N312RC From United States of America, joined Aug 2000, 2680 posts, RR: 17 Posted (13 years 3 months 1 week 3 days 1 hour ago) and read 530 times:
I saw a couple polls on T.V. the other day. 60% of Americans (and growing) think that Gore should stand down, drop all lawsuits, and concede the election. 80% of Americans say that they will accept Bush as president.. There is considerable support for a concession from Gore, why wont he do it?? Political suicide for him, he'll never win another election if he doesnt stop! Your thoughts, almost 3 weeks after the election. By seeing how each candidate has acted, if there was a revote, would you change? Would you not vote at all?
Mbmbos From United States of America, joined May 2000, 2596 posts, RR: 1
Reply 1, posted (13 years 3 months 1 week 3 days ago) and read 364 times:
Polls measure attitudes at one point in time. So, you're looking at attitudes today. What if we find out, after recounting, that the vote in Florida was badly mis-represented and that Gore actually won? What if we find out that there was a lot of monkey business going on?
In the long term, the Republicans (and Bush) are also taking risks with their partisan stance.
They seem to be winning their public relations campaign today, but who knows what will come to light over the next few days and weeks?
So far, nothing has changed my opinion on who I voted for.
TWFirst From Vatican City, joined Apr 2000, 6346 posts, RR: 52
Reply 3, posted (13 years 3 months 1 week 3 days ago) and read 362 times:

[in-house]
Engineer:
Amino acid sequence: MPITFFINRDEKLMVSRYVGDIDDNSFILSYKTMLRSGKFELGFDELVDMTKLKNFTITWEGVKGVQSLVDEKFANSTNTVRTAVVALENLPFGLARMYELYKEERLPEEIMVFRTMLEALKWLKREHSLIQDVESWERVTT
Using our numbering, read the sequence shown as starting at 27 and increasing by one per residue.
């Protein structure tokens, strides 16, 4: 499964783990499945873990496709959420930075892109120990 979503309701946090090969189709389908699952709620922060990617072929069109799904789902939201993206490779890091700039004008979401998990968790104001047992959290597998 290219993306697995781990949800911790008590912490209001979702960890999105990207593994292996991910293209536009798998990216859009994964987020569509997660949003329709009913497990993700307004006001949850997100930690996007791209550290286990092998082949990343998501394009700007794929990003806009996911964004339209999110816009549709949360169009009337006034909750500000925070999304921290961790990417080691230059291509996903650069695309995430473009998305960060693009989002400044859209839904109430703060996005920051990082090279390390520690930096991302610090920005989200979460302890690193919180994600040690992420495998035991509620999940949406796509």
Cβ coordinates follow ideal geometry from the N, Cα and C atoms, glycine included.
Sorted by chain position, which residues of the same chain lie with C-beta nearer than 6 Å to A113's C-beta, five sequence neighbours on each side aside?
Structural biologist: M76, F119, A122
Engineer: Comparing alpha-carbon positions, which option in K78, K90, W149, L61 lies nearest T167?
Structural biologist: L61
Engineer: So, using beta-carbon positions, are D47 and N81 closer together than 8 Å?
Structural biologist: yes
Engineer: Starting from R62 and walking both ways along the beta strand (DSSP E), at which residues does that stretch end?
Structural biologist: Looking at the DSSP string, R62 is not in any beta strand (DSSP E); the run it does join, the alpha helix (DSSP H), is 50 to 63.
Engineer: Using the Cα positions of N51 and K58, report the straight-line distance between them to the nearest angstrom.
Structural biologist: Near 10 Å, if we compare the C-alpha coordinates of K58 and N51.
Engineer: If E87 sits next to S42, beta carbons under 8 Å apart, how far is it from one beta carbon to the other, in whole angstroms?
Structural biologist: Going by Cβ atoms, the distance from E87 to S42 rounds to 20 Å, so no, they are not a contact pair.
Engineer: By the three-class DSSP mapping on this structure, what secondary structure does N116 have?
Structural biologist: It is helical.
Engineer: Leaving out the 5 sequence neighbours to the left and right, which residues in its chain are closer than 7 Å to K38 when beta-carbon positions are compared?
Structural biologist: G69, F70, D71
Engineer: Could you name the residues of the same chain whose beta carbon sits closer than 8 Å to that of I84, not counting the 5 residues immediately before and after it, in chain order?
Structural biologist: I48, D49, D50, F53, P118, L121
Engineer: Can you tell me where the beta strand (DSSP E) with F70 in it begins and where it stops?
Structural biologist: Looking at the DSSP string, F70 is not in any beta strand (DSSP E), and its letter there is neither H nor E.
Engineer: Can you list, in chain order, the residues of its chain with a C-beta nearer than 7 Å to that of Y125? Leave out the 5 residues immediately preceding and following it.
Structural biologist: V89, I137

I would love for it to be over, but the fundamental issue that keeps entering my mind is:
If this were the other way around, the other camp would be acting the EXACT SAME WAY, and don't try and tell me otherwise. I mean, Christ, we're talking about the PRESIDENCY OF THE UNITED STATES here. If there was evidence that you may have won enough votes to win the election but the "official" results in a state governed by your opponent's brother said otherwise by a mere handful of votes, wouldn't you do what you could to ensure that your opponent really did win the election fairly? As an American citizen, I want to know that the guy who won the office was really supposed to win the office. If that's not the person I voted for, then so be it.
There definitely is a point where the effort becomes moot, but I'm not sure Gore has reached that yet (although he's getting pretty close). Whomever prevails is damaged goods, and a definite one-termer. Bush will be dealing with an exact 50-50 split in the Senate and the slimmest of margins in the House. There will always be questions about his legitimacy, and he will undoubtedly embarrass himself with public speaking mistakes. He has a really tough job ahead of him and if against all odds he manages to succeed, then he does deserve the office.